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Count words with Cloud Dataflow and Java

Author(s): @jscud ,   Published: 2019-07-31


Count words with Cloud Dataflow and Java

Take the interactive version of this tutorial, which runs in the Google Cloud Platform (GCP) Console:

Open in GCP Console

Introduction

In this tutorial, you'll learn the basics of the Cloud Dataflow service by running a simple example pipeline using Java.

Cloud Dataflow pipelines are either batch (processing bounded input like a file or database table) or streaming (processing unbounded input from a source like Cloud Pub/Sub). The example in this tutorial is a batch pipeline that counts words in a collection of Shakespeare's works.

Before you start, you'll need to check for prerequisites in your GCP project and perform initial setup.

Project setup

GCP organizes resources into projects. This allows you to collect all of the related resources for a single application in one place.

Begin by creating a new project or selecting an existing project for this tutorial.

For details, see Creating a project.

Set up Cloud Dataflow

To use Cloud Dataflow, enable the Cloud Dataflow APIs and open Cloud Shell.

Enable Cloud APIs

Cloud Dataflow processes data in many GCP data stores and messaging services, including BigQuery, Cloud Storage, and Cloud Pub/Sub. To use these services, you must first enable their APIs.

Use the following to enable the APIs:

https://console.cloud.google.com/flows/enableapi?apiid=compute.googleapis.com,dataflow,cloudresourcemanager.googleapis.com,logging,storage_component,storage_api,bigquery,pubsub

Open Cloud Shell

In this tutorial, you do much of your work in Cloud Shell, which is a built-in command-line tool for the GCP Console.

Open Cloud Shell by clicking the Activate Cloud Shell button in the navigation bar in the upper-right corner of the console.

Install Cloud Dataflow samples

Cloud Dataflow runs jobs written using the Apache Beam SDK. To submit jobs to the Cloud Dataflow service using Java, your development environment requires Java, the Google Cloud SDK, the Apache Beam SDK for Java, and Apache Maven for managing SDK dependencies. This tutorial uses a Cloud Shell environment that has Java, the Google Cloud SDK, and Maven installed.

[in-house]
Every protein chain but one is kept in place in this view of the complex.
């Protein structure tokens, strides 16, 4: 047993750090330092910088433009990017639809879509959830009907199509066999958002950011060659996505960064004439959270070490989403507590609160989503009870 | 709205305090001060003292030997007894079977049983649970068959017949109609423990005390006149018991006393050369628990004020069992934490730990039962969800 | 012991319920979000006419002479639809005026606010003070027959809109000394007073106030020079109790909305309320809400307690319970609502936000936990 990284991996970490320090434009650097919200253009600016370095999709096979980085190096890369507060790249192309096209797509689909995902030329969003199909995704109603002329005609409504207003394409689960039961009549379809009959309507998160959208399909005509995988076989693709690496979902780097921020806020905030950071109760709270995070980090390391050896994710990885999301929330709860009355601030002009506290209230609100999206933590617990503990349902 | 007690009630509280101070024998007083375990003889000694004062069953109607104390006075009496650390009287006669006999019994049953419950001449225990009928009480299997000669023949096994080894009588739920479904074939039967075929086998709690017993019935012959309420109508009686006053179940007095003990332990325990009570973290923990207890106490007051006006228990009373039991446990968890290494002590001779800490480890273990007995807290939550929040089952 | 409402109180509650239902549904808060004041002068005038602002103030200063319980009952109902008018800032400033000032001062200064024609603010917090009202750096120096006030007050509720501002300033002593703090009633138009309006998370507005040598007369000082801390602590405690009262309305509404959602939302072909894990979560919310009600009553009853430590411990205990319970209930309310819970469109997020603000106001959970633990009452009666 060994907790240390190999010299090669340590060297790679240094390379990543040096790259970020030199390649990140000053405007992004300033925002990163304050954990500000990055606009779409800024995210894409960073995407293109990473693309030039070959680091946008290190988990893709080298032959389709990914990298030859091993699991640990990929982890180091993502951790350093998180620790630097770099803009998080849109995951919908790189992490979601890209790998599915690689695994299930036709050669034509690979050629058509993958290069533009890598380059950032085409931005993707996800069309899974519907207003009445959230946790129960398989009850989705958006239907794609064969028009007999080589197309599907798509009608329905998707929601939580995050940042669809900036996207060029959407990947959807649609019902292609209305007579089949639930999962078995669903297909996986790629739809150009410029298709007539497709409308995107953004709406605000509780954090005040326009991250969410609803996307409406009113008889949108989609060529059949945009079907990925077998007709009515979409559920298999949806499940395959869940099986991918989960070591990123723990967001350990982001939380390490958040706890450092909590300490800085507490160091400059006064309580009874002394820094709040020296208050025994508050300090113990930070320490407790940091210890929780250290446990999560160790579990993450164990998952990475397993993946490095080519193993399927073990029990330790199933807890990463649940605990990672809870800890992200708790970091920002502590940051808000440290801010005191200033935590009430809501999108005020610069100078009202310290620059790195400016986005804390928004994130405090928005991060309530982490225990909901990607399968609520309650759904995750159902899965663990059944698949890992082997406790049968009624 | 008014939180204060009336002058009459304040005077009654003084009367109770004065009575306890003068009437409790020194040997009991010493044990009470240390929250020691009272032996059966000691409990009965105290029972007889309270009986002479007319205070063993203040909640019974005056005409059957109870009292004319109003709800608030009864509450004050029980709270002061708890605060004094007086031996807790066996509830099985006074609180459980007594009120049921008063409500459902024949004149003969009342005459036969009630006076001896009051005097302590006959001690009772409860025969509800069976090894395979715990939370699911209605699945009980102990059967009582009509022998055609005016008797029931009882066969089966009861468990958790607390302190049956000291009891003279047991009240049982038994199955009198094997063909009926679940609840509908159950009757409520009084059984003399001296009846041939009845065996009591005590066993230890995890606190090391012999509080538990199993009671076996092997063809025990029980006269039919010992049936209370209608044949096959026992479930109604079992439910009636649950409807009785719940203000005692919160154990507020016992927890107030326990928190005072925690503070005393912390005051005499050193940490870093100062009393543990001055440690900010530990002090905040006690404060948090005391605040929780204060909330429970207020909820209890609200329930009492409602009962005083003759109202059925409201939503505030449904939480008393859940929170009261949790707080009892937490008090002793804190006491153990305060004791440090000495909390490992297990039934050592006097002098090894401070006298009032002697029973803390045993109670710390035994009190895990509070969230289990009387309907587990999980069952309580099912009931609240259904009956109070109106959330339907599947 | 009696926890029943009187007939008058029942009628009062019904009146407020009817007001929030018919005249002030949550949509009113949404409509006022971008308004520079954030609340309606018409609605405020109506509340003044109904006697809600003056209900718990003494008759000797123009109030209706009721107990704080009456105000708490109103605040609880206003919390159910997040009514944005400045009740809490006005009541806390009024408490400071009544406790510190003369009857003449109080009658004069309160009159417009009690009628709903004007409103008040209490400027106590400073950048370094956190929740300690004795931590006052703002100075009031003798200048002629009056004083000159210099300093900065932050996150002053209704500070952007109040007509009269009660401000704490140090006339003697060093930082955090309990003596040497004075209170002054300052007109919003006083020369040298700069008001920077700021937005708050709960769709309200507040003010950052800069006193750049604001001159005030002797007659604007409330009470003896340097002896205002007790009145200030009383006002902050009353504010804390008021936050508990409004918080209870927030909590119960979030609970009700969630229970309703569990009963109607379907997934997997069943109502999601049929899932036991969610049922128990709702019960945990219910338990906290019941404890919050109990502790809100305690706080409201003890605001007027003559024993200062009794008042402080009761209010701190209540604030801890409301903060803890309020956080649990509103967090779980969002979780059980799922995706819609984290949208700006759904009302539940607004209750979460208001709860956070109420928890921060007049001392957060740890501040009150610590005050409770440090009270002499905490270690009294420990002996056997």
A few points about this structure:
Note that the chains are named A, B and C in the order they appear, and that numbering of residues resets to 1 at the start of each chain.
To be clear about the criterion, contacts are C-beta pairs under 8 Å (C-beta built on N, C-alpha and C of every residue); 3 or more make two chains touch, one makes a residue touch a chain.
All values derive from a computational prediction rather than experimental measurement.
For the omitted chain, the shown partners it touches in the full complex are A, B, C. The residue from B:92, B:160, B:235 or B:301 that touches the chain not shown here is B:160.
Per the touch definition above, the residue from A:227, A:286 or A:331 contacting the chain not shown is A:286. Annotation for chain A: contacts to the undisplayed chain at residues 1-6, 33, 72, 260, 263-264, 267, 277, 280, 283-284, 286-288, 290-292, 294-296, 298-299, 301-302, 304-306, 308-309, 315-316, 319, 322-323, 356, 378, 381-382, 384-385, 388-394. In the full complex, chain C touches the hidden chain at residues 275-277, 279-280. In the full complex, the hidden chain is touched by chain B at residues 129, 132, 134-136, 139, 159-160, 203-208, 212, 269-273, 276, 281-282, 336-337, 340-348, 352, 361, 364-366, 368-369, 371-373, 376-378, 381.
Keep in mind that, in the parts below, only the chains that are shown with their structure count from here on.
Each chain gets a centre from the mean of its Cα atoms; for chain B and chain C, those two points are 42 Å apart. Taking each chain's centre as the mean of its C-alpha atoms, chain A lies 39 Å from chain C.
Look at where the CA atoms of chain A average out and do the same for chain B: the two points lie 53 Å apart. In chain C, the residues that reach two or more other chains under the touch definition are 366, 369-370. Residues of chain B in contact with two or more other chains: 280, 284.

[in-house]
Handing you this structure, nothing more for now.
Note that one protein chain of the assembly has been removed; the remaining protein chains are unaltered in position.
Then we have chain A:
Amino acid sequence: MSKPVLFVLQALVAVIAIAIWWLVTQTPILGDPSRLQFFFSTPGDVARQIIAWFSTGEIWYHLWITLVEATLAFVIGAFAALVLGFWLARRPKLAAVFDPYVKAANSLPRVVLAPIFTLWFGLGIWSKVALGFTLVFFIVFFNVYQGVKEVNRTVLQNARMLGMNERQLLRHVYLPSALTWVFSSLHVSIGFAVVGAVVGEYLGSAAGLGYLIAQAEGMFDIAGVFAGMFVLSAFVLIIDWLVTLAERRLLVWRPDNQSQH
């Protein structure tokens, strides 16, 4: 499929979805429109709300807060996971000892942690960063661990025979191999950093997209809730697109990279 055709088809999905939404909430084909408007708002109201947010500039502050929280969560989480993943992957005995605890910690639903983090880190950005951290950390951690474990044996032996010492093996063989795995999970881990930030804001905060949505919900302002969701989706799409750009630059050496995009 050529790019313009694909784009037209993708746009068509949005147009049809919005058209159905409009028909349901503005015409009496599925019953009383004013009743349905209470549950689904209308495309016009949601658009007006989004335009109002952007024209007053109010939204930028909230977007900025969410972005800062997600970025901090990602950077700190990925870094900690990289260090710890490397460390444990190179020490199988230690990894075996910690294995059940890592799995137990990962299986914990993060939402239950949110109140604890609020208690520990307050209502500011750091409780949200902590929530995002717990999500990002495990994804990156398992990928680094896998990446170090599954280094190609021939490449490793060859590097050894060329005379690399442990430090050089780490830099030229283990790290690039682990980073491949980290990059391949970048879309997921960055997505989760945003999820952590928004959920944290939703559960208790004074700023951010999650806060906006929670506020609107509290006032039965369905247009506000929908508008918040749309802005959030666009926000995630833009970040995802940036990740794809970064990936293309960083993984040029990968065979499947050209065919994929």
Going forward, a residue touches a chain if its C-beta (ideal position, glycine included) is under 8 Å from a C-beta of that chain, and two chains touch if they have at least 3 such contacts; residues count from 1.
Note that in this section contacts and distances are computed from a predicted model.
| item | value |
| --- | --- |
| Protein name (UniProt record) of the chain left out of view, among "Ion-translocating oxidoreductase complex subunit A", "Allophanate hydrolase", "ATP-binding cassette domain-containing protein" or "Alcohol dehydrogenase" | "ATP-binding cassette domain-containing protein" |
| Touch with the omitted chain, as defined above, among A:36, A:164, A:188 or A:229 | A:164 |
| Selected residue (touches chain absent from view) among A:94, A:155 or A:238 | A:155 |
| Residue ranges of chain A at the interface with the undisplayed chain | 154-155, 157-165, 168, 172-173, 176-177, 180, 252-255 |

Alternatively, you can do this tutorial on your local machine.

Download the samples and the Apache Beam SDK for Java using the Maven command

To write a Cloud Dataflow job with Java, you first need to download the SDK from the Maven repository.

When you run this command in Cloud Shell, Maven creates a project structure and config file for downloading the appropriate version of the Apache Beam SDK:

mvn archetype:generate \
    -DarchetypeGroupId=org.apache.beam \
    -DarchetypeArtifactId=beam-sdks-java-maven-archetypes-examples \
    -DgroupId=com.example \
    -DartifactId=dataflow-intro \
    -Dversion="0.1" \
    -DinteractiveMode=false \
    -Dpackage=com.example
  • archetypeArtifactId and archetypeGroupId are used to define the example project structure.
  • groupId is your organization's Java package name prefix; for example, com.mycompany.
  • artifactId sets the name of the created .jar file. Use the default value (dataflow-intro) for this tutorial.

Change directory

Change your working directory to dataflow-intro.

cd dataflow-intro

If you'd like to see the code for this example, you can find it in the src subdirectory in the dataflow-intro directory.

Set up a Cloud Storage bucket